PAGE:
"We believe the protocol that has been used for the environmental testing is really high quality and we welcome any specialist you would like to bring to sit down with the specialist (who has) been in the building and has done the test to review the protocol and the methods involved and I think you would be satisfied," Board of Education member Leslie Moriarty told parents at a meeting Thursday.HEADLINE:
Gina DeMartis' son had constant headaches and occasional nose bleeds. Mina Bibeault's daughter complained of frequent headaches and burning eyes, while her son often had a runny nose. Donna Ortoli's son also suffered from similar health ailments.
These three Hamilton Avenue School parents are among those worried that their children's health symptoms are linked to conditions at the modular school building. Officials shut down the school last month after officials found a significant mold infestation in the roof eaves and crawl space.
"My child has a cold now, is it related?" DeMartis asked. "Maybe the mold spores are on the books they got from the classroom? You don't know what to believe anymore."
With Hamilton Avenue School students dispersed to different schools across the town, parents are calling on the Board of Education to allow their own experts into the moldy modular buildings to perform their own tests and investigation....
"If the Board of Ed has nothing to hide, they should allow us in," Mina Bibeault said. "Board of Ed, if you feel 120-percent confident in your results, you should roll out the red carpet."
...Another indoor air quality specialist also not connected to the Hamilton Avenue School testing said there are no hard and fast rules.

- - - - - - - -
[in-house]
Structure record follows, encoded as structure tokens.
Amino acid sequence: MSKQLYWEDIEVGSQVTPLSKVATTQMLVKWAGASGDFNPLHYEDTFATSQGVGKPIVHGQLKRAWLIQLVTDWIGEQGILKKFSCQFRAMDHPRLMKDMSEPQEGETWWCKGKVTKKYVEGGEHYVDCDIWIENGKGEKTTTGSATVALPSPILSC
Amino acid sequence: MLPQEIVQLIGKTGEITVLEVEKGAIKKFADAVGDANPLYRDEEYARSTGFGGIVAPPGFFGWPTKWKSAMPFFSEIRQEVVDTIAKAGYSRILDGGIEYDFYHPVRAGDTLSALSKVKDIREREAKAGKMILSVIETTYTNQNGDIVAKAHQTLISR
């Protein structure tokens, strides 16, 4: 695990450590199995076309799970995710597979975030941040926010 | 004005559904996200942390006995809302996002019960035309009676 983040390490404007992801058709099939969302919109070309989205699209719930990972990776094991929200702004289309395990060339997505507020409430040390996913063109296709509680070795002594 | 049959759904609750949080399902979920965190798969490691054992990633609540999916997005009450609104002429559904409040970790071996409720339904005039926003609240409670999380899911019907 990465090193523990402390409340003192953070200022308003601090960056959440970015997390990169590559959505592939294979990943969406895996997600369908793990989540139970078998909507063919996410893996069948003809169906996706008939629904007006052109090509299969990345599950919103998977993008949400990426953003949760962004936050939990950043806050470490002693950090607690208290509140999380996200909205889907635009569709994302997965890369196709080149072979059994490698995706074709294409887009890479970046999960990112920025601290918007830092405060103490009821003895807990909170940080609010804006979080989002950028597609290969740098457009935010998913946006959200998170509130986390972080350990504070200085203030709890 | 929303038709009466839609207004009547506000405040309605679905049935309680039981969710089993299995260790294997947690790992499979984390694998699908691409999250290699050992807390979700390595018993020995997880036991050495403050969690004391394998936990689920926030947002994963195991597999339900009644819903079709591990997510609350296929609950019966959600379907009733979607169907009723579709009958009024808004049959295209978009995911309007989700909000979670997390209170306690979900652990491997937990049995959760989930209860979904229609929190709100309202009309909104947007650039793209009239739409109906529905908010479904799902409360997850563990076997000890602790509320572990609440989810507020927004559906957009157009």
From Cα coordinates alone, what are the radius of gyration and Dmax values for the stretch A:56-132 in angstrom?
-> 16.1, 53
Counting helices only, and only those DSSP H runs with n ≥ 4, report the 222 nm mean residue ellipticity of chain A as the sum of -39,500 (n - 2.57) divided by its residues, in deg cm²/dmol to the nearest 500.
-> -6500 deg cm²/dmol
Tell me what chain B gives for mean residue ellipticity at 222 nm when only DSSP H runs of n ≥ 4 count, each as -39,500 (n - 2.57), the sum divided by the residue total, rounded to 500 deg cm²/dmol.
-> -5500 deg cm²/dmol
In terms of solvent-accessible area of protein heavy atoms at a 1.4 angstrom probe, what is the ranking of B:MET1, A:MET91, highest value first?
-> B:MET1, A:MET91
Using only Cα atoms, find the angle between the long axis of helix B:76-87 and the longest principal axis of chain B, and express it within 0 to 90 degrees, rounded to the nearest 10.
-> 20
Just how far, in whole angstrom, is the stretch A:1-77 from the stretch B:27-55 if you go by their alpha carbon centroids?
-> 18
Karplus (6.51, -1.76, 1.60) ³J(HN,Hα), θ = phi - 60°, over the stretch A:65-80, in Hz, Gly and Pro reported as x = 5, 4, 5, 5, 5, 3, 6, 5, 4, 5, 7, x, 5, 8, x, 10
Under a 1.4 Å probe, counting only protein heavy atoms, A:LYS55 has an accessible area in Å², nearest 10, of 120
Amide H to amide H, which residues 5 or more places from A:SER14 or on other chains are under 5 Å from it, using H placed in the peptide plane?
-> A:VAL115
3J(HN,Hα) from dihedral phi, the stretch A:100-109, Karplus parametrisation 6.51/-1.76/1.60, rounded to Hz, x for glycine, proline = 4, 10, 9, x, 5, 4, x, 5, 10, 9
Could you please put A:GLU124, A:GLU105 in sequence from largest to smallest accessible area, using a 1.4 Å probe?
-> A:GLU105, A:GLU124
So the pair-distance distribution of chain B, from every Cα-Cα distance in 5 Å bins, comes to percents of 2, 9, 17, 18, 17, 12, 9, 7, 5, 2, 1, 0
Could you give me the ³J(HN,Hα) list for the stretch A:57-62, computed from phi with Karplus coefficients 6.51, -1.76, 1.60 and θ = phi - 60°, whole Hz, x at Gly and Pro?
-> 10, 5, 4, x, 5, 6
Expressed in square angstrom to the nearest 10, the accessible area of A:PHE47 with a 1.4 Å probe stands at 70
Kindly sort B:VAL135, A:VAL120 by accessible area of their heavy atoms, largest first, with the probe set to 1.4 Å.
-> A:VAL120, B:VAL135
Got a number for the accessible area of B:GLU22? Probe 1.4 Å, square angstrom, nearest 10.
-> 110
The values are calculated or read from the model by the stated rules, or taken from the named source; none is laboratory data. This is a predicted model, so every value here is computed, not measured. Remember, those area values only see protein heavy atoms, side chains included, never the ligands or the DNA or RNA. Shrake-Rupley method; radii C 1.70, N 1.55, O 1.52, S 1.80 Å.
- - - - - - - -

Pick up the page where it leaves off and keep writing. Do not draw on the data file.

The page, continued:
"It's very hard to comment because there's no one size fits all answer," said Paula Schenck, assistant director of the Farmington-based Center for Indoor Environments and Health at the University of Connecticut. "You have to look at the individual situation."
She said while mold is easily cleaned from some furniture, particularly metal, it is more difficult to rid from paper and other organic materials. Schenck said that while some small amount of mold can be naturally occuring indoors, it should be kept to an absolutely minimum.
"It's complicated because what you don't want is mold growing on materials inside," Schenck said. "Mold is a very normal part of our ecology but you don't want it growing inside. It's not a healthy environment inside."
In addition to mold, parents also fear the presence of formaldehyde in the modulars. Schwartz said the chemical is present in ultra-low concentrations, but parents also dispute that finding and want their own tests. Formaldehyde causes cancer in lab animals and may cause cancer in humans, according to the U.S. Environmental Protection Agency.
"What irks me about the formaldehyde is it could be a good five years before my kids get diagnosed," Bibeault said.
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